A phylogeny is an evolutionary tree reconstructed from its leaves (each of which represents a different species) by using DNA sequence or gene data and a plausible model of evolution. Phylogenies are crucial tools in understanding biological evolution and biological mechanisms and their reconstruction has been one of the main algorithmic problems in computational biology. Reconstruction of the evolutionary history of a group of organisms has changed the face of biology and is being used increasingly in drug discovery, epidemiology, and genetic engineering. Unfortunately, such reconstructions typically involve solving difficult optimization problems, so that even moderately large datasets can require months to years of computation. In addition, almost all evolutionary reconstructions presently assume that the historical pattern is one of strict divergence that can be represented by a binary tree. This assumption is frequently violated, especially by plants which often hybridize readily and thus produce networks of relationships.
The future of high-performance computing relies on the efficient use of clusters with symmetric multiprocessor nodes and scalable interconnection networks. Hardware benchmark results reveal awesome performance rates for each component; however, few applications on SMP clusters ever reach a fraction of these peak speeds. Our focus is to develop a hybrid, hierarchical methodology that is a much closer abstraction of the underlying machine and is ideally suited to SMP clusters. The current deployment of teraflops and the future development of petaflops systems will certainly require the exploitation of similar advanced programming models.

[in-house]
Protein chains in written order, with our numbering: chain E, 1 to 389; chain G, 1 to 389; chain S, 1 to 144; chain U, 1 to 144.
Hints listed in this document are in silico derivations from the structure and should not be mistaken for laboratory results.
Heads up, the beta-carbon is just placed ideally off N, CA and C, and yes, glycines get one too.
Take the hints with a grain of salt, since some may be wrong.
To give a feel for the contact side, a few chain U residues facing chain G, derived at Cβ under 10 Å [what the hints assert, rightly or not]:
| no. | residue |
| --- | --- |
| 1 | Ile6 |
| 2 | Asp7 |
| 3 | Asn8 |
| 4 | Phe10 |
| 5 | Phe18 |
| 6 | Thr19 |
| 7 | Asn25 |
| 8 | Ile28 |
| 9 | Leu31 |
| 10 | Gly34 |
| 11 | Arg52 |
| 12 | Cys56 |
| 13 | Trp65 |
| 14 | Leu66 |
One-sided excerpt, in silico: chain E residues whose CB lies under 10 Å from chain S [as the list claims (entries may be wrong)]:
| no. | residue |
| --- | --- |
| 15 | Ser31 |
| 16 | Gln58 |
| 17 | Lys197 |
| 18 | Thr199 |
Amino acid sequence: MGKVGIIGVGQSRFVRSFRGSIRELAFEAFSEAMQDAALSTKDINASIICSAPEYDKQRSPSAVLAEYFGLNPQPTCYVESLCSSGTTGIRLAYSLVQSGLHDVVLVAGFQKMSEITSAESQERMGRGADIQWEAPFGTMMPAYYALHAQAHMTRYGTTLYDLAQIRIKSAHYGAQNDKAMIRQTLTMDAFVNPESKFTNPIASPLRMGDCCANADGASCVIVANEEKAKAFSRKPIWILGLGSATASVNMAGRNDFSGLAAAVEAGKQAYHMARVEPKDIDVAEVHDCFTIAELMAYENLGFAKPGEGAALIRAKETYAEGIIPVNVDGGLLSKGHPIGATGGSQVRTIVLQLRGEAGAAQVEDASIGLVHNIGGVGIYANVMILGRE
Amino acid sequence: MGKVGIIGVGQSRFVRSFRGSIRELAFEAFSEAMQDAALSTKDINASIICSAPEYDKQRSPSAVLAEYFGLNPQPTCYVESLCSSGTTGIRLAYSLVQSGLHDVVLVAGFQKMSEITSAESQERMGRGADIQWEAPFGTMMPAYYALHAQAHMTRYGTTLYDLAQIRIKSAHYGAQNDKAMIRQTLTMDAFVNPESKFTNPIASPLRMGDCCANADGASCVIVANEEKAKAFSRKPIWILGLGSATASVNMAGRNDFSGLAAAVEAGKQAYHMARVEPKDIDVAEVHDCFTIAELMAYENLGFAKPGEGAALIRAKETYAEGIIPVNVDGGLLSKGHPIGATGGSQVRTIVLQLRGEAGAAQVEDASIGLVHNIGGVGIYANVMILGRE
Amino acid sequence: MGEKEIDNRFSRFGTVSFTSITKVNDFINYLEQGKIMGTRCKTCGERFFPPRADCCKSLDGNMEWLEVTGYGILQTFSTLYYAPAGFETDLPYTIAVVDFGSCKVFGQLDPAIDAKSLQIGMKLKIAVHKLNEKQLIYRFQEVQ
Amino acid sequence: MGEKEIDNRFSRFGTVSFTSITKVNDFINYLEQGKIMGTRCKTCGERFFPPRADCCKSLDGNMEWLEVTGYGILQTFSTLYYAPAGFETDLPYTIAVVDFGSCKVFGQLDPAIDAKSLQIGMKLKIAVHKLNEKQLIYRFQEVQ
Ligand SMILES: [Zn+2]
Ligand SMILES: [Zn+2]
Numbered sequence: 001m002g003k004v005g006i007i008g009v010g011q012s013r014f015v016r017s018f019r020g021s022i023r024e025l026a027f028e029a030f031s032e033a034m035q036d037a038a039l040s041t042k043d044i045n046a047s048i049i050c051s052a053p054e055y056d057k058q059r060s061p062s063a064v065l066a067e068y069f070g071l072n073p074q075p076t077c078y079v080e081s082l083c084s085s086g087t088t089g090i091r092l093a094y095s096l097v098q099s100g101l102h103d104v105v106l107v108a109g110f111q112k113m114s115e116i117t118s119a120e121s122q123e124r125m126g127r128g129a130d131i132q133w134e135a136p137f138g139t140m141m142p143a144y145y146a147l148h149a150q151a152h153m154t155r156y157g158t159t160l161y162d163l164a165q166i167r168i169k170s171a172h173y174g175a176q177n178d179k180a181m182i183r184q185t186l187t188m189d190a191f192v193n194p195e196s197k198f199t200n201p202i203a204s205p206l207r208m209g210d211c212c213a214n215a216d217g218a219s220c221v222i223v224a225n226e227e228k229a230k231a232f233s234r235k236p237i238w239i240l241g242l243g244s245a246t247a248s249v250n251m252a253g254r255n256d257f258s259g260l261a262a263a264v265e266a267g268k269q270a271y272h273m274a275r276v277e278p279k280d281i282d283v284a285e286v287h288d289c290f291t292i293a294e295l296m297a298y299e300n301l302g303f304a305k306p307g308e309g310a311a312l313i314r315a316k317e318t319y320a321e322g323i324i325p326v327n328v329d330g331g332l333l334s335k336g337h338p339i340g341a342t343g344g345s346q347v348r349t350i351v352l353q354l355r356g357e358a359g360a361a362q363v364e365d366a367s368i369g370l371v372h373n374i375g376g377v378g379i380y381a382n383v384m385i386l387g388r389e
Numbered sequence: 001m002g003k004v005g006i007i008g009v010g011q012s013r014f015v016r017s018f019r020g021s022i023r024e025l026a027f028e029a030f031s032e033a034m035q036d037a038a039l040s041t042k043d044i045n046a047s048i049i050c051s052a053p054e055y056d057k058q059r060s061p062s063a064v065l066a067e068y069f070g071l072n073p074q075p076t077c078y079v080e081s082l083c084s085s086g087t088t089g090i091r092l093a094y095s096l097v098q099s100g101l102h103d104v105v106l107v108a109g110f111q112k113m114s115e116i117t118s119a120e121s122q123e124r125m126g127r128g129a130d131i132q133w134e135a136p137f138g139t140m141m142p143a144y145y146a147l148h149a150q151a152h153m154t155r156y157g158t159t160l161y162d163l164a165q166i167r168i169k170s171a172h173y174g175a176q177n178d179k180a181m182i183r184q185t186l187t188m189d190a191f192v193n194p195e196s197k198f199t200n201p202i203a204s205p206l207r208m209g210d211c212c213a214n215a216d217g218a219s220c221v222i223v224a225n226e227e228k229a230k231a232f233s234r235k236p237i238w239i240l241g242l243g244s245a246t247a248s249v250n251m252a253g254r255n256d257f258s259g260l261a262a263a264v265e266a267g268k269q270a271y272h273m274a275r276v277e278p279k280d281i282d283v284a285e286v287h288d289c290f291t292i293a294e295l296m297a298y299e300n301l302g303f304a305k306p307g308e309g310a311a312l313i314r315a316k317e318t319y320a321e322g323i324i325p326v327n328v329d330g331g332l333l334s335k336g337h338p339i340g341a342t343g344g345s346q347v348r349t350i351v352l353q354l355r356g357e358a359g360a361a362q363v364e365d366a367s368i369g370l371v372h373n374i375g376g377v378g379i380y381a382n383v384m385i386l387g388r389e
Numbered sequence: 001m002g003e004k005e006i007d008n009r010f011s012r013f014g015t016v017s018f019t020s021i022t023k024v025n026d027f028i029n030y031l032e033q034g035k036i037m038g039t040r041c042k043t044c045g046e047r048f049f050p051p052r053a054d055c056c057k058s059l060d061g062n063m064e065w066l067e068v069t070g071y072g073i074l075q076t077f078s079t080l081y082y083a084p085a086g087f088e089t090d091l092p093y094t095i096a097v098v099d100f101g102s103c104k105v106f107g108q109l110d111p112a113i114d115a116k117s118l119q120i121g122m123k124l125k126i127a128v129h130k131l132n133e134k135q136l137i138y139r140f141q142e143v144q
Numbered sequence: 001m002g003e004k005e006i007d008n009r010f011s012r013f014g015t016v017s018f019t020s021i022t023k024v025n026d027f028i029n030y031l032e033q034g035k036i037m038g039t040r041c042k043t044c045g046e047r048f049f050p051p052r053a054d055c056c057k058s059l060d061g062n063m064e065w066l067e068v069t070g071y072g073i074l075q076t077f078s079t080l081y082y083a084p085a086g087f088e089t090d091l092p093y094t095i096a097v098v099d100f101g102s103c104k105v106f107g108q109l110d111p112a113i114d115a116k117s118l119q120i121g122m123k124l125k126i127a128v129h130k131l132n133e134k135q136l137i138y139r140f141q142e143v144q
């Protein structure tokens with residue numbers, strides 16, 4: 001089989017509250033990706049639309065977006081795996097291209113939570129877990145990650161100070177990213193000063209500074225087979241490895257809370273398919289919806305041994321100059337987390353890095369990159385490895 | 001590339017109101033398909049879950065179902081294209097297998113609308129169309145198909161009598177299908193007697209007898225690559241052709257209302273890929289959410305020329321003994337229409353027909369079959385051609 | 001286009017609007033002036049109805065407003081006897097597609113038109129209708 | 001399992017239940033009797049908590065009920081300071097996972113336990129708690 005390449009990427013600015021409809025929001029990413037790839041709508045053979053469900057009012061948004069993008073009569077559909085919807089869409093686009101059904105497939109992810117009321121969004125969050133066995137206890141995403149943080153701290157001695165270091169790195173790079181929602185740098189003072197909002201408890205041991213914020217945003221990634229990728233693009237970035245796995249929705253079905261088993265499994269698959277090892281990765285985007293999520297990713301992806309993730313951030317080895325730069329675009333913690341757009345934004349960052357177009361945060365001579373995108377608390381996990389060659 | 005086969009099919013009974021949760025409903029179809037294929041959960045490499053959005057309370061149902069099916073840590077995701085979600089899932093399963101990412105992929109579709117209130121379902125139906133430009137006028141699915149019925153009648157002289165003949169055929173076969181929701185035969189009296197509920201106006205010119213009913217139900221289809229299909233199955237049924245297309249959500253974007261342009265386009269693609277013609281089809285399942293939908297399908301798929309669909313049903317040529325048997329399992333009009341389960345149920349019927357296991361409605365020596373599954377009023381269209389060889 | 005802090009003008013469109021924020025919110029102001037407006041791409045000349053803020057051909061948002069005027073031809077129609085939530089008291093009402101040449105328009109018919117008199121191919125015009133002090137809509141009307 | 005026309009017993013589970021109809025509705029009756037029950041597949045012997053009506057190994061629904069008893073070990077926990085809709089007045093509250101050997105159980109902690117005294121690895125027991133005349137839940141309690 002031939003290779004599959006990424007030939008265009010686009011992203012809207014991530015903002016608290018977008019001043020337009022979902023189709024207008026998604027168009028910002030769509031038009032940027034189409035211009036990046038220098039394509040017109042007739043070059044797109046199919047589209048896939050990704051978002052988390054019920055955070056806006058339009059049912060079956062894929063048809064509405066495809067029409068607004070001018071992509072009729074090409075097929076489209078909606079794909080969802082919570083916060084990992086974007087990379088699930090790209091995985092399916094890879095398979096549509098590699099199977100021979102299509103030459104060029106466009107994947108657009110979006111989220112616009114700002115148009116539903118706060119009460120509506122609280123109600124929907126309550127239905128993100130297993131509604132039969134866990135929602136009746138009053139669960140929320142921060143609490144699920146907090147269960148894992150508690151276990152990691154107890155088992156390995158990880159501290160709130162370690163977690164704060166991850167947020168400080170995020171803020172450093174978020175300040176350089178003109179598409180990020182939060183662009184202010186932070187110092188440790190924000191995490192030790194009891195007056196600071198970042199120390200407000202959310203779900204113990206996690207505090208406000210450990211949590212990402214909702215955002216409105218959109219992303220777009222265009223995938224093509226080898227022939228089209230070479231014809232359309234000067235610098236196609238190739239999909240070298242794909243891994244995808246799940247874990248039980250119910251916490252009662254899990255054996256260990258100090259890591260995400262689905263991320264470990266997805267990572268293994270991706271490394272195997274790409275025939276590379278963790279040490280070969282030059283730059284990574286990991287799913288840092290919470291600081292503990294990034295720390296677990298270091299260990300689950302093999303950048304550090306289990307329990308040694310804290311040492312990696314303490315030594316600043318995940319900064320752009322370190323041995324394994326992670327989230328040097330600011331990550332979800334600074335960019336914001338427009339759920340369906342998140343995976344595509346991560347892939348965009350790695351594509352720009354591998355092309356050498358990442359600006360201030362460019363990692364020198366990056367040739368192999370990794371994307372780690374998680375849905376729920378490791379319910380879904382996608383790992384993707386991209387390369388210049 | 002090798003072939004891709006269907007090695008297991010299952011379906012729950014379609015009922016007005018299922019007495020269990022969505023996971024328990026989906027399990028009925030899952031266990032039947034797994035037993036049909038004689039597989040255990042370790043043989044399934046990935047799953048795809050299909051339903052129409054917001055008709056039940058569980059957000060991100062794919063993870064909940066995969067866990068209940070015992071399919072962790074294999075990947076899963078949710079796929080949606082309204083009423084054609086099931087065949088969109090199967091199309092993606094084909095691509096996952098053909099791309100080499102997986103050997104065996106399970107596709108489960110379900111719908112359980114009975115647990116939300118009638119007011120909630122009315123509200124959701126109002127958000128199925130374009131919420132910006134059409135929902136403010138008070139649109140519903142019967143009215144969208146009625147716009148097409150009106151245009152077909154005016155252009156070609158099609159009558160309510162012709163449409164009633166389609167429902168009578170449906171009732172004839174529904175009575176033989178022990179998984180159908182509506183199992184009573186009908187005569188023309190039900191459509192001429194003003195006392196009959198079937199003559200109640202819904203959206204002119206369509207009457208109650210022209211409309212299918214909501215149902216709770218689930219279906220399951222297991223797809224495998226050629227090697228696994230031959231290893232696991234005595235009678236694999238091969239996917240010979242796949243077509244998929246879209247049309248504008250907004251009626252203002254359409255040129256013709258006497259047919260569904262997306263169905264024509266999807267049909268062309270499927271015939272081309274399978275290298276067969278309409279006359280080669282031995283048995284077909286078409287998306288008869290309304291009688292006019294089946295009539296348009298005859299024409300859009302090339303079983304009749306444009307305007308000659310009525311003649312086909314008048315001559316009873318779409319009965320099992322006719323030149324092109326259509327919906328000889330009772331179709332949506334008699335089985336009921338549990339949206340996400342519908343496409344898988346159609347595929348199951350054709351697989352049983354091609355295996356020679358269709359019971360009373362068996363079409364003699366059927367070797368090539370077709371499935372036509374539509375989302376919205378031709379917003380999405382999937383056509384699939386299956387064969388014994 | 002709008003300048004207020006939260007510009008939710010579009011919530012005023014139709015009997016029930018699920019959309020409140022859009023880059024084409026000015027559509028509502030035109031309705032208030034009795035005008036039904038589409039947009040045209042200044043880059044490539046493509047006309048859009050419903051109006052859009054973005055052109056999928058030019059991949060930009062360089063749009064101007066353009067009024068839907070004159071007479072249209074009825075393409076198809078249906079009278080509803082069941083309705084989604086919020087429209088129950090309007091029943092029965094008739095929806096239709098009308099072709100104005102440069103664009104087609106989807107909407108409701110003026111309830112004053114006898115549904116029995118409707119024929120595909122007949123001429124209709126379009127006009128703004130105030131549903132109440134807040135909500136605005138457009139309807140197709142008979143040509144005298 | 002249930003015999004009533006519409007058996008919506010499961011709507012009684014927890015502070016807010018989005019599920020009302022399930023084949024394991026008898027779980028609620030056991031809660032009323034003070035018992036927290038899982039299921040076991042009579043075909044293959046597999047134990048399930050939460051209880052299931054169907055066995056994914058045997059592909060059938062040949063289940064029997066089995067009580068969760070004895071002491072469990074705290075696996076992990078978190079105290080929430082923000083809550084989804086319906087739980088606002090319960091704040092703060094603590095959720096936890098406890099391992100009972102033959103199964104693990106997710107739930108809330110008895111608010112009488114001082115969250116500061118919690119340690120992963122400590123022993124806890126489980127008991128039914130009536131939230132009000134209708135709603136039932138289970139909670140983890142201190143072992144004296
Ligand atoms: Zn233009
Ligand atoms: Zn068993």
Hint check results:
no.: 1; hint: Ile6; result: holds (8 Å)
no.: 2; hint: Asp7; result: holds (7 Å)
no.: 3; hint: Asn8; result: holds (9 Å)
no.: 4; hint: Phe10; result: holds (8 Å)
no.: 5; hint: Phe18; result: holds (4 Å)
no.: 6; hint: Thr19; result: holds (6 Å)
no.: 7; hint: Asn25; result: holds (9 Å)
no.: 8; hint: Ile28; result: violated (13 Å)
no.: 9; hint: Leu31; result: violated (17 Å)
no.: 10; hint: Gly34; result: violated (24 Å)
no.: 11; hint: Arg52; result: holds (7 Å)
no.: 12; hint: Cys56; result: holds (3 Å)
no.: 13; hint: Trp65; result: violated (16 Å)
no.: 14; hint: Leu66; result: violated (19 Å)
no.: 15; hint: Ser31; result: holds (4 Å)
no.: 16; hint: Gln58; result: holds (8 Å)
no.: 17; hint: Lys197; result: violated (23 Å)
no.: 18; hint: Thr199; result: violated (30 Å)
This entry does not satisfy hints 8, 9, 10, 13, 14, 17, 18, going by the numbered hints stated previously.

We are addressing a number of basic combinatorial computations that are commonly needed in various large scale applications. One such computation is sorting, a problem that has been studied extensively in the literature because of its many important applications and because of its intrinsic theoretical significance. Our research has produced the fastest known high-level, practical algorithms for many combinatorial problems such as sorting, personalized communication, selection, list ranking, and data redistribution, on general purpose parallel machines.
Image processing applications are well-suited to high performance computing techniques for several reasons: uniform grid layouts, spatial locality, and highly regular kernels. Images used for analysis are produced from a variety of applications, for example, remote sensing, image understanding, face recognition, detection of surface defects in industrial manufacturing, military target recognition, etc. Some of the processing is low-level, such as image calibration or enhancement, while other analysis is intermediate- or high-level, such as segmenting an image into objects or regions and classifying each. We have developed a high performance suite of practical algorithms for image processing that seem to outperform all other known implementations on the same platforms.